January 22, 2008

POWER POP:

Clawing Her Way Forward (STEVE DOLLAR, January 22, 2008, NY Sun)

When I lived in Atlanta, [Cat Power]'s home base for much of the 1990s, everyone was in love with her. She had a mini-cult of admirers almost from the start. The collective adoration, which would grow by international degrees during the next decade, was whetted by the incongruous gap between the singer's evident allure and her confounding diffidence. As Patterson Hood, singer for the Athens-based rock band the Drive-By Truckers, once declared in a song called "Cat Power": "You little misguided artist you / You know deep down I'll root for you." No one could have said it better.

Ms. Marshall was far from the most talented vocalist in town. And for all her enigmatic airs, which could mostly be attributed to shyness, she was scarcely the most eccentric figure on the local underground scene (the late Benjamin, drag queen/speed freak frontman for the bands Opal Foxx Quartet and Smoke, took that prize). But performance-wise, she was in a class all her own: There was no one so exasperating. No matter how smoky and mysterious Ms. Marshall's twilight grunge-folk sounded on record, the concerts sucked.

But the albums, beginning with her third release, 1996's "What Would the Community Think?," got better and better. Though she often toured alone, or with a pickup band of musician friends from Atlanta or New York, Ms. Marshall was choosier in the studio. On 1998's "Moon Pix," she initiated a rewarding partnership with the guitarist Mick Turner and drummer Jim White of New Zealand's Dirty Three, and finally became secure in her 3 a.m.-of-the-soul evocations, spectral and quavering like a country porchlight glimpsed through Spanish moss and pre-dawn mist. Her voice hovered in the same vulnerable alto range as the later-emergent Beth Orton, and the folk-based songs, with their ragged edges, were frazzled like Neil Young's. If Ms. Marshall offered a template for a generation of composerly and photogenic Starbucks-friendly singers — from Norah Jones to Feist — whose ambivalence went down smooth as a latte, she proved thornier.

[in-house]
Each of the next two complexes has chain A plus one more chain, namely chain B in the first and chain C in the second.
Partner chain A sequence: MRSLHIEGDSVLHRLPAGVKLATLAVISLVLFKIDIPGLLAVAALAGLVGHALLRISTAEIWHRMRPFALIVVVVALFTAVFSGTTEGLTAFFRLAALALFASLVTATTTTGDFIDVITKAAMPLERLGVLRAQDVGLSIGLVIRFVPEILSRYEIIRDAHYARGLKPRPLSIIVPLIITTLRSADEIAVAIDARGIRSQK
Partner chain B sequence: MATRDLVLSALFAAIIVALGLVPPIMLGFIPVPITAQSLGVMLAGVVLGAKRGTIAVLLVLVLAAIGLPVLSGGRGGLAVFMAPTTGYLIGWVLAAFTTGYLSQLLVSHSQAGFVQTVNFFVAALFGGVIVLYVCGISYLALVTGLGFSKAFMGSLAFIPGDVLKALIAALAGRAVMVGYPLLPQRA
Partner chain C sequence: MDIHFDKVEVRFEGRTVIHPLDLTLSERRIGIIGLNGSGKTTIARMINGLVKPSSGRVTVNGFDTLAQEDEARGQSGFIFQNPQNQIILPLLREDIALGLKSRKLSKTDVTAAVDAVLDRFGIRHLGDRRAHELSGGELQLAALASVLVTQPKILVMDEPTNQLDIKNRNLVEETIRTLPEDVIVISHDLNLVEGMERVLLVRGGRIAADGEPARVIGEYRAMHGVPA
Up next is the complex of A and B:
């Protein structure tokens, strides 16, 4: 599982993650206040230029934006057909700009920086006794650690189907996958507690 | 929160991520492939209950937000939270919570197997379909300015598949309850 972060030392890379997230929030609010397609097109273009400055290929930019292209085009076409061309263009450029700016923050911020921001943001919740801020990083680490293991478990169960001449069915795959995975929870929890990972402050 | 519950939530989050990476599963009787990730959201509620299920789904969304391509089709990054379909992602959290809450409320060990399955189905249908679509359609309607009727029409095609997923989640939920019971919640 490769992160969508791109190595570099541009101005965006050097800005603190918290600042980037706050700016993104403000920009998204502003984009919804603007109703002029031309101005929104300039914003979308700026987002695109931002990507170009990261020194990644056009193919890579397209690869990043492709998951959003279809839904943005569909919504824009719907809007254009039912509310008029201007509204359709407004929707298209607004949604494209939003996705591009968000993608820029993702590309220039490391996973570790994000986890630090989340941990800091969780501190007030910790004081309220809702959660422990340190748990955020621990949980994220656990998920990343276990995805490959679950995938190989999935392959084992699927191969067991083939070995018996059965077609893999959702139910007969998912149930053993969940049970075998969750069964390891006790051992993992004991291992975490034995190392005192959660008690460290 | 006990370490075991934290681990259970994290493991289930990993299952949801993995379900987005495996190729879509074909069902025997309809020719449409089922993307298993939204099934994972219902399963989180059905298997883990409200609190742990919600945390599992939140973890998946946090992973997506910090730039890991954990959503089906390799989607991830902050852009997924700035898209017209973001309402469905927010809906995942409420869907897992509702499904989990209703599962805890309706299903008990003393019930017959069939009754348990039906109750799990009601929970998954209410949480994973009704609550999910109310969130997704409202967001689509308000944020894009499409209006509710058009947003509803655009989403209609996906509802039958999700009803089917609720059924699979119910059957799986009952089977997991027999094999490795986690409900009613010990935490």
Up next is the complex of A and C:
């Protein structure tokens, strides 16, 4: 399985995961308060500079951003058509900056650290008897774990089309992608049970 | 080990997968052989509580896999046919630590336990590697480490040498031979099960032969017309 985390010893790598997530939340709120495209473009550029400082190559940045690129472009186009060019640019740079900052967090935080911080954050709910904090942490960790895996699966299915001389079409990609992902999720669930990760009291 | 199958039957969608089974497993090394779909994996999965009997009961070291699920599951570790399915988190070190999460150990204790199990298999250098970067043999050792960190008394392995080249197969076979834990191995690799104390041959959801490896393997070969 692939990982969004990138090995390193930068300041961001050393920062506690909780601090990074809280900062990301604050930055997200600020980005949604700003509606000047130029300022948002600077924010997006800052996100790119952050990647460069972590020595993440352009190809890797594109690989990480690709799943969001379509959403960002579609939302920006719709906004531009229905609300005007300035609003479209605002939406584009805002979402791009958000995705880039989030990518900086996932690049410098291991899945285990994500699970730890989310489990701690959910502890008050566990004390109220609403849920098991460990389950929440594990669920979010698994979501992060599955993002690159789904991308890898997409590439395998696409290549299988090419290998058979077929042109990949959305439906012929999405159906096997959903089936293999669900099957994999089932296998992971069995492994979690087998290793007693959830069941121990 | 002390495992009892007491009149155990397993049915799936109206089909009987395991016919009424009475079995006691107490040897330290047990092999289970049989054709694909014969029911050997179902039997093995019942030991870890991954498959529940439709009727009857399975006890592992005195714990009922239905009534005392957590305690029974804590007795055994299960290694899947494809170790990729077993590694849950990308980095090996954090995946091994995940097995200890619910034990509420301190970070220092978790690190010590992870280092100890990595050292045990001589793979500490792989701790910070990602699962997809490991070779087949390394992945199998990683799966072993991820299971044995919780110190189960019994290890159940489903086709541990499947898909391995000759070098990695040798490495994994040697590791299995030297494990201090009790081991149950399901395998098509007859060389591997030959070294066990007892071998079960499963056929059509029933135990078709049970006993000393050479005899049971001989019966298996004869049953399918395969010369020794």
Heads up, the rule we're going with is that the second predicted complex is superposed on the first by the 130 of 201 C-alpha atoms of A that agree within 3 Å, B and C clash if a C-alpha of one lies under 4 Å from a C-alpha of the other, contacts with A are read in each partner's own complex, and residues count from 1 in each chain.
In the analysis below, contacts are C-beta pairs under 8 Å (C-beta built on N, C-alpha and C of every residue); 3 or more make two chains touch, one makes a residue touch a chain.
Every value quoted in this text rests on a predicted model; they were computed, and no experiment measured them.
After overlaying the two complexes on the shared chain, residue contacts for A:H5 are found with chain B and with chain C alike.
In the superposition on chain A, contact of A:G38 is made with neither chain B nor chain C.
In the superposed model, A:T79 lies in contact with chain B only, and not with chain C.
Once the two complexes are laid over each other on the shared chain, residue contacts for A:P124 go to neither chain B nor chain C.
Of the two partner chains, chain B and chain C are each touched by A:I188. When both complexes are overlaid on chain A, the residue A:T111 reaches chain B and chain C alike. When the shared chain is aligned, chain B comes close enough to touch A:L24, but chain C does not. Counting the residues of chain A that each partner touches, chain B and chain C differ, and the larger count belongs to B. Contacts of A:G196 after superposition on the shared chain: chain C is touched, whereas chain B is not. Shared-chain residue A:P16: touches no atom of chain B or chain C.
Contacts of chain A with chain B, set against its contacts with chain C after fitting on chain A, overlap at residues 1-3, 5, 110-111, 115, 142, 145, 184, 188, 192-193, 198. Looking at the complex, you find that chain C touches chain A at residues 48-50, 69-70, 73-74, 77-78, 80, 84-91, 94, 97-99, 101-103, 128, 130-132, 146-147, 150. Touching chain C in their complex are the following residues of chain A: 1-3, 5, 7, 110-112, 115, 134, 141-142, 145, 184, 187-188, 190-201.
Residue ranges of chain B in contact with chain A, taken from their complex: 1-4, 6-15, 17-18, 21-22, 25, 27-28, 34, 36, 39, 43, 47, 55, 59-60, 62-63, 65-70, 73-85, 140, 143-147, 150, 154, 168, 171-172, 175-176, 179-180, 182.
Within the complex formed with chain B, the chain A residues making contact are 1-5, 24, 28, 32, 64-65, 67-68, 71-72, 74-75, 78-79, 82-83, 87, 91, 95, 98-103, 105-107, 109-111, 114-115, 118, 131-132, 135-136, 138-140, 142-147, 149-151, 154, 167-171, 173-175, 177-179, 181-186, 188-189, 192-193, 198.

She still does. Ms. Marshall's new record, "Jukebox," out today, capitalizes on the breakthrough of her radiant "The Greatest," the 2006 album that saw the singer step up to the challenge of working with a "real" band — an all-star assortment of such old-school Memphis studio masters as the guitarist Mabon "Teeny" Hodges, who co-wrote many of Al Green's hits, and drummer Steve Potts, from Booker T. & the M.G.s. The project reflected Ms. Marshall's personal obsession with the iconic aura of Memphis as a key site in the civil rights-era South and gave her the chance to mesh her formerly bare-boned songs with those lush, simmering Stax/Volt grooves.



Posted by Orrin Judd at January 22, 2008 8:37 PM
Comments

Amazon recommended to me, but, after listening to previews just didn't get it!
Jeez, I've sent you so many preview CD's superior to her you should be doing a MikeD memorial music post!

Posted by: Mike at January 23, 2008 1:01 AM
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